The Beauty of Icon Fonts

15205722901_209ccdaba1_b.jpg

Icon fonts have become an incredible tool for implementing an icon set on your website. They’re especially useful for keeping an icon's quality intact when displayed on different screen sizes and densities, not to mention the bonus of a single HTTP request to load the entire icon set instead of multiple separate images.

Icomoon: Making Your Job Easy

The last few sites I've worked on made use of icon fonts by utilizing an app provided by Icomoon. This wonderful app makes it incredibly easy to pull together a collection of icons and generate the necessary font sets and css for a site. They start you off with a great assortment of icons to choose from, but the real power behind this app is the ability to upload your own custom icons and add them as a set. Also, keep in mind that you have the ability to store and load sessions with an exportable .json file, making updates or additions to your icon set a breeze.

Icomoon UI

Once you've chosen the appropriate icons, you can set up preferences such as css class prefixes, baseline and em sizes, and ligatures.

Download your font collection and add this folder to your site's files. I'm using these icons within my Drupal theme, so I've created a folder in my theme's root called icons and placed my fonts inside, under a fonts directory. Be sure to update the @font-face paths in your css based on where you decide to store your font files. I also like to add my stored-session.json file and custom icons to this icons folder, just in case someone else may need to make some changes to the font family within Icomoon or tweak the SVG files.

Ligatures, I Love You, But You Need More Support

Ligatures are a beautiful and powerful tool for outputting character combinations as your icon. For instance, let's say you want the text submit to turn into a mail icon. In Icomoon, with ligatures enabled in the preferences, you can set the value of your icon to submit. Now with the appropriate class added to the area containing the submit text, you'll have your nifty mail icon displayed where this text would appear.

This is especially handy with input.form-submit buttons. Using a hook_form_alter in your Drupal template.php file, you can set the icon-mail class and the input value to submit. Just keep in mind that pseudo elements do not work on inputs, so you will need to add your icon's font-family to the icon class itself. Now your submit input will display the mail icon instead of text. Awesome!  Well. Almost. Unfortunately, browser support is an issue (IE9 and below cannot display ligatures) so using them is more of a progressive enhancement, if you don't mind your text displaying instead of an icon for older browsers. However, you can use a conditional stylesheet for IE9 and below to display a background image instead, if you decide you'd like to try using ligatures.

[prism:css] input.icon-mail { font-family: 'my-icons'; } [/prism:css] [prism:php] function theme-name_form_alter(&$form, &$form_state, $form_id) { $form['actions']['submit']['#attributes']['class'][] = 'icon-mail"; $form['actions']['submit']['#value'] = t('submit'); } [/prism:php]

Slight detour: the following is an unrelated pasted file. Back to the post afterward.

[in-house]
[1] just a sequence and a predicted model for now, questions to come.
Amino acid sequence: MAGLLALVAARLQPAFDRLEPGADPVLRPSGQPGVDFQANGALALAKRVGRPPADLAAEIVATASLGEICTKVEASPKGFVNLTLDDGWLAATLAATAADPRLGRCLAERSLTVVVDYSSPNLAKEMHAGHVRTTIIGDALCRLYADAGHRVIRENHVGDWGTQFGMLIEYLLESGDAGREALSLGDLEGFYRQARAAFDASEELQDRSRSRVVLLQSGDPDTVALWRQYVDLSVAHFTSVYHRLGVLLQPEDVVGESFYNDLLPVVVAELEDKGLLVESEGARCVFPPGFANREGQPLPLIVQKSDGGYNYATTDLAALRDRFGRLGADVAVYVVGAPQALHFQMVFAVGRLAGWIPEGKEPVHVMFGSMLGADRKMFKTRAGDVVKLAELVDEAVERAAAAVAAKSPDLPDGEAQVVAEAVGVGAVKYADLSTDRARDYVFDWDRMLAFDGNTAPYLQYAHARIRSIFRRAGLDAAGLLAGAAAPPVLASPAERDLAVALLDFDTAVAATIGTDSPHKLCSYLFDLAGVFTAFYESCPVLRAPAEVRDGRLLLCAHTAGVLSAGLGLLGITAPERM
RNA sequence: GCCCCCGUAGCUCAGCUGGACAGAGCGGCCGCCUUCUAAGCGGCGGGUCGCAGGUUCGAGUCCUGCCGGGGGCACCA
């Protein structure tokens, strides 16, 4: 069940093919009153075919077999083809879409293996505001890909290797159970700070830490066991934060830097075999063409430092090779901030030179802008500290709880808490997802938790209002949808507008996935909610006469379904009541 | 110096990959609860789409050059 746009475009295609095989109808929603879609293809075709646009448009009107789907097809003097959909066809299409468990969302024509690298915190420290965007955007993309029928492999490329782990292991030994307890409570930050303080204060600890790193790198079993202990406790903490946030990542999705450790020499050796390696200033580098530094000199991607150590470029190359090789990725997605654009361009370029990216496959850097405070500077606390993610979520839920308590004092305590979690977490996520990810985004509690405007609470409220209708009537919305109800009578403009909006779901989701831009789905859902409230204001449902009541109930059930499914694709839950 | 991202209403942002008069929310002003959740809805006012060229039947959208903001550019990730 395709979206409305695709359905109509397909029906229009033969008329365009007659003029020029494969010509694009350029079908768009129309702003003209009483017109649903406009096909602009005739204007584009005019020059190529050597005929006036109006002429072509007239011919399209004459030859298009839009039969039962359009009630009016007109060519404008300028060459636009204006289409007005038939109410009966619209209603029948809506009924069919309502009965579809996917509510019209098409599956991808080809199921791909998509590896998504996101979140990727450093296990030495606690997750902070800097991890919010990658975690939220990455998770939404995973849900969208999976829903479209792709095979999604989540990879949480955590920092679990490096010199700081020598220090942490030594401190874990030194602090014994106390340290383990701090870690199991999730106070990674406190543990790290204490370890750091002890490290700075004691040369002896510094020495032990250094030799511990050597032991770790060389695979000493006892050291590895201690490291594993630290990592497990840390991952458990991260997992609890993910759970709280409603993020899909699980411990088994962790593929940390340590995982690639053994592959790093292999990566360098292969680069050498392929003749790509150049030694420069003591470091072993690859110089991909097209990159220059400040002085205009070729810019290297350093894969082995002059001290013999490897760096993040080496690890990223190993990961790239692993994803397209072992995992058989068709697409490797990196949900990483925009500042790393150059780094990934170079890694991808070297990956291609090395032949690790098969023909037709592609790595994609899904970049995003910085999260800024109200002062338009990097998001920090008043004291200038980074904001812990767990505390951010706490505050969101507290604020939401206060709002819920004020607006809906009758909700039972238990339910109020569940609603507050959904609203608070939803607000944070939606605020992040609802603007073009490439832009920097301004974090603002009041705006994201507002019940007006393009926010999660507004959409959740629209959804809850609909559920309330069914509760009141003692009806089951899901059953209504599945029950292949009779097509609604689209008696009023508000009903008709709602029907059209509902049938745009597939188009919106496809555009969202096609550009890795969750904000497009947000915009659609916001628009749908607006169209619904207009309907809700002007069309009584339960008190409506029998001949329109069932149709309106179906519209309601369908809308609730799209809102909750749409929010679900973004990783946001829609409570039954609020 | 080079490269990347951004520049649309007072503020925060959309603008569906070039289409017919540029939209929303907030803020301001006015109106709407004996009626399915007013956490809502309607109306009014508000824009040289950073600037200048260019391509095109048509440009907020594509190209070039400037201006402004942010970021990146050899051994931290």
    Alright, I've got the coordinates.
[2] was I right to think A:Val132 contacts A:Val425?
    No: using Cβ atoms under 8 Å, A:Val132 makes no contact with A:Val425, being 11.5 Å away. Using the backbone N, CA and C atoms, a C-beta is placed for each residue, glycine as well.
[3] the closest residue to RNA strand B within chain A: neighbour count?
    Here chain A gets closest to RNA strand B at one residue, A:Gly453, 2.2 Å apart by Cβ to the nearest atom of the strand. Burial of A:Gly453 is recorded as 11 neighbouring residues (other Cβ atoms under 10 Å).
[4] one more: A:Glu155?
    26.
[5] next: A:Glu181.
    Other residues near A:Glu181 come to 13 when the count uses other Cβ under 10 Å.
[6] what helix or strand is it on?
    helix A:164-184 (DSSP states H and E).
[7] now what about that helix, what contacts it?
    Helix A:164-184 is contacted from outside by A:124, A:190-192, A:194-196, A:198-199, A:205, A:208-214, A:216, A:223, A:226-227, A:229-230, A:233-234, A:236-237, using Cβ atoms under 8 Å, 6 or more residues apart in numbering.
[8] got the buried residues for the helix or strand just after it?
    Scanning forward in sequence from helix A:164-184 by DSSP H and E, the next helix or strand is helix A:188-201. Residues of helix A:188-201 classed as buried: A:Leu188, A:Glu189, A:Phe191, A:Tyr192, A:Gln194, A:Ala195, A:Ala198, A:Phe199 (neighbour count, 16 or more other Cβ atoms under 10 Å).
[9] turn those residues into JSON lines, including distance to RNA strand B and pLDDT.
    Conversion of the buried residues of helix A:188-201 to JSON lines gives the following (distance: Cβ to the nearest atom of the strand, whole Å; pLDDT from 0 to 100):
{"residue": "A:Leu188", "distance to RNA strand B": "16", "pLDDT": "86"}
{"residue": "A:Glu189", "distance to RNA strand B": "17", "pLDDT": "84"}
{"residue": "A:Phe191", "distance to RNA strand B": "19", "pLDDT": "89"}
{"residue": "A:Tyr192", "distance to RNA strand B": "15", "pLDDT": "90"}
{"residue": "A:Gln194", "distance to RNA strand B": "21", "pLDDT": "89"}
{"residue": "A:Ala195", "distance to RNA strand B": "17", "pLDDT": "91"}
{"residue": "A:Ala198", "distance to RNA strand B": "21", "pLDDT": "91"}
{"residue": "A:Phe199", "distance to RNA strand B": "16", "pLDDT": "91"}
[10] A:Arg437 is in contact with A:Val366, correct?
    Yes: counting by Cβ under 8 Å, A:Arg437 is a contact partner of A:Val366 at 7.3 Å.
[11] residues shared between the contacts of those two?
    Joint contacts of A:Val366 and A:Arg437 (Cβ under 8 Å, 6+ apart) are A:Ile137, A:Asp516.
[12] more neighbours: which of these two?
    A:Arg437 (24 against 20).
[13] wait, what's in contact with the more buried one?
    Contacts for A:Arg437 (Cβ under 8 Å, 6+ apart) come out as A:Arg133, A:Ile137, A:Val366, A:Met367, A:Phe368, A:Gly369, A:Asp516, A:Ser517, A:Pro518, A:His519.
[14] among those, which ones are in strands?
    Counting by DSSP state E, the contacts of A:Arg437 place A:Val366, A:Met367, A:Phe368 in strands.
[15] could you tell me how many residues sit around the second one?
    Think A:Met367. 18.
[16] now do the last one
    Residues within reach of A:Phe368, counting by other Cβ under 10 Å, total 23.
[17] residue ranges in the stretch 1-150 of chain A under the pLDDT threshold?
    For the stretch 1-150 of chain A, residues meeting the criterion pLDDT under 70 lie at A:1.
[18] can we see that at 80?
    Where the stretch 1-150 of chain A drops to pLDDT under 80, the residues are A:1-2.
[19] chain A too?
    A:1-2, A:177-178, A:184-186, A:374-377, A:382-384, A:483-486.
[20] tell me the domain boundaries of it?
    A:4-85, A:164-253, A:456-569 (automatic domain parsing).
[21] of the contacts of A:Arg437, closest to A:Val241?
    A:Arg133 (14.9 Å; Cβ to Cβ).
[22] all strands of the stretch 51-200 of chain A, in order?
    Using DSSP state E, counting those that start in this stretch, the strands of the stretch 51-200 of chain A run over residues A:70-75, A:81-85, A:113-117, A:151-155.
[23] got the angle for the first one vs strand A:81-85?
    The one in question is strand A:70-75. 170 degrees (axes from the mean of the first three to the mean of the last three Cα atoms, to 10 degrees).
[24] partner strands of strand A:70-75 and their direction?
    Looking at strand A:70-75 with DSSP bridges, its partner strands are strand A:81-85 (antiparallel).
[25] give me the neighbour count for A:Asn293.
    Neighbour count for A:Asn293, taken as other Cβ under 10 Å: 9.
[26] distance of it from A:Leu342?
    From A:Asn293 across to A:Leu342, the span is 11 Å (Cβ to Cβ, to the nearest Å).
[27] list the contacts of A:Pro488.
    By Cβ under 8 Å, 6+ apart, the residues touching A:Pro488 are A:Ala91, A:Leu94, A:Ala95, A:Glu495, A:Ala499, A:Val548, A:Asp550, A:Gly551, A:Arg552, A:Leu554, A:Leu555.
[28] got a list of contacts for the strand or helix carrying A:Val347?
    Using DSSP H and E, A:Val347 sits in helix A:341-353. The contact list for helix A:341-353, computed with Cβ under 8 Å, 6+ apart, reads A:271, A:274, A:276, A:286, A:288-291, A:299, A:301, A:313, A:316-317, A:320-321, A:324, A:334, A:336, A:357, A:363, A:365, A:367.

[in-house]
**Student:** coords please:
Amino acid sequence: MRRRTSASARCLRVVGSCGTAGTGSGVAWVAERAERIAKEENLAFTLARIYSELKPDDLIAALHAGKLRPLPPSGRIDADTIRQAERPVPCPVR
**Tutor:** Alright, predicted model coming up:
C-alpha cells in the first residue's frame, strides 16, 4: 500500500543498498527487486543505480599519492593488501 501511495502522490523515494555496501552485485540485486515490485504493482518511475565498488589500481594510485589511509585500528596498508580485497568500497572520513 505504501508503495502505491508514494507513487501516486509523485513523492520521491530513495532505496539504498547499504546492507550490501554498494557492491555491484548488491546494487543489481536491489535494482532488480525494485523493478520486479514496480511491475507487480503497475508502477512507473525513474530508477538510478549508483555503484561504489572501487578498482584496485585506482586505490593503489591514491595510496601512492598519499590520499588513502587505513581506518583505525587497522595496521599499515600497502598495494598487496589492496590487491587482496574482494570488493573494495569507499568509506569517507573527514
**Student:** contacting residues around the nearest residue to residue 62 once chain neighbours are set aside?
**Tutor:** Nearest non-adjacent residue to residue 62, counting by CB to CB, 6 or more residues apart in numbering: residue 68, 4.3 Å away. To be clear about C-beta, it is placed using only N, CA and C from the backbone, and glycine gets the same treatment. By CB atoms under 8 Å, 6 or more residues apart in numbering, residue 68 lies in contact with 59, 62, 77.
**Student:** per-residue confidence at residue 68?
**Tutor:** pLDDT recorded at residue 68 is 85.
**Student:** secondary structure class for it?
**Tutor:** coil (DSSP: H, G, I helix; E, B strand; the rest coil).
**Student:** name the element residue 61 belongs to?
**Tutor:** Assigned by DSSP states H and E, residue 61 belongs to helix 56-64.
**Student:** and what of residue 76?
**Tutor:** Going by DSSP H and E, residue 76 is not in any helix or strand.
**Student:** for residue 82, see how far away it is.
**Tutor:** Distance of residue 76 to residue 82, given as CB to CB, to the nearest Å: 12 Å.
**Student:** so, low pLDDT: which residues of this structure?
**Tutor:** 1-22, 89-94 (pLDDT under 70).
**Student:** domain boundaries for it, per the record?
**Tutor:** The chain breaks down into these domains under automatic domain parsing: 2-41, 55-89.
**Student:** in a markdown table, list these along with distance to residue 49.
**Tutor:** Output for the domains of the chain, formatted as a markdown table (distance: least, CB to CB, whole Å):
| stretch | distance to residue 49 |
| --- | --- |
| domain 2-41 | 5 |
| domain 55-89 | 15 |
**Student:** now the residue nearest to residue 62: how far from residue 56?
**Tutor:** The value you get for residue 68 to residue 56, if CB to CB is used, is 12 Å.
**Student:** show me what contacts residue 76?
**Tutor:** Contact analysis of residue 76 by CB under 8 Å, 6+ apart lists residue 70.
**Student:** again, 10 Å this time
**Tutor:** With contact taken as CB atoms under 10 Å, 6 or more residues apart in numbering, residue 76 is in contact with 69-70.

Keeping it Crispy

Icomoon also helps you work toward the most crisp display possible for your icons. It is recommended to display icons in multiples of their optimized size, so if your set is optimized for 16px, you will see the best results by setting the font size to 16px, 32px, 48px and so on. As explained in Icomoon's documentation, it also helps to set the -webkit-font-smoothing: antialiased property and to prioritize SVG fonts above other formats.

Adding Icons

Adding icons to your html is as a simple as adding a new element with the icon class before your text. If you want to add a magnifying glass icon to your search link, you can simply drop in before the link text. Alternatively, you can add a class to the element where you'd like to have the icon display and use the :before pseudo selector to line the icon up with your text. This comes in extremely handy when using an arrow or chevron icon for your elements.

When adding my icons in Drupal, I like to use jQuery to add the class to the proper elements. If I wanted all of my elements to use the arrow icon, I'd include

[prism:javascript] $('li').addClass('icon-arrow'); [/prism:javascript]

in my markup.

To display the icon nicely with your text, just add some simple css:

[prism:css] li.icon-arrow { position: relative; padding-left: 12px; } li.icon-arrow:before { position: absolute; left: 0; top: 0; } [/prism:css]

Screen Readers

Since icon fonts will not usually be read by screen readers, including a simple

[prism:markup] [/prism:markup]

element with text can be a helpful addition. Then you can set your css to push the text off screen for general browsing but still have it be read aloud for those using screen readers.

IE7 and Below

IE7 and below don't support pseudo elements, so Icomoon includes an lte-ie7.js file with your collection. By using this file and being sure to set the PUA or Basic Latin encodings in your Icomoon preferences, you can now use your fonts in these older browsers.

Resources

Chris Ferdinandi has an excellent article that goes more in-depth on the subject of Icomoon and icon fonts that you need to check out. Also, take a look at this demo on CSS-Tricks on why icon fonts are awesome. And if ligatures sends exciting chills down your spine, have a look at a Webdesign Tuts tutorial for creating your logo as a web font ligature.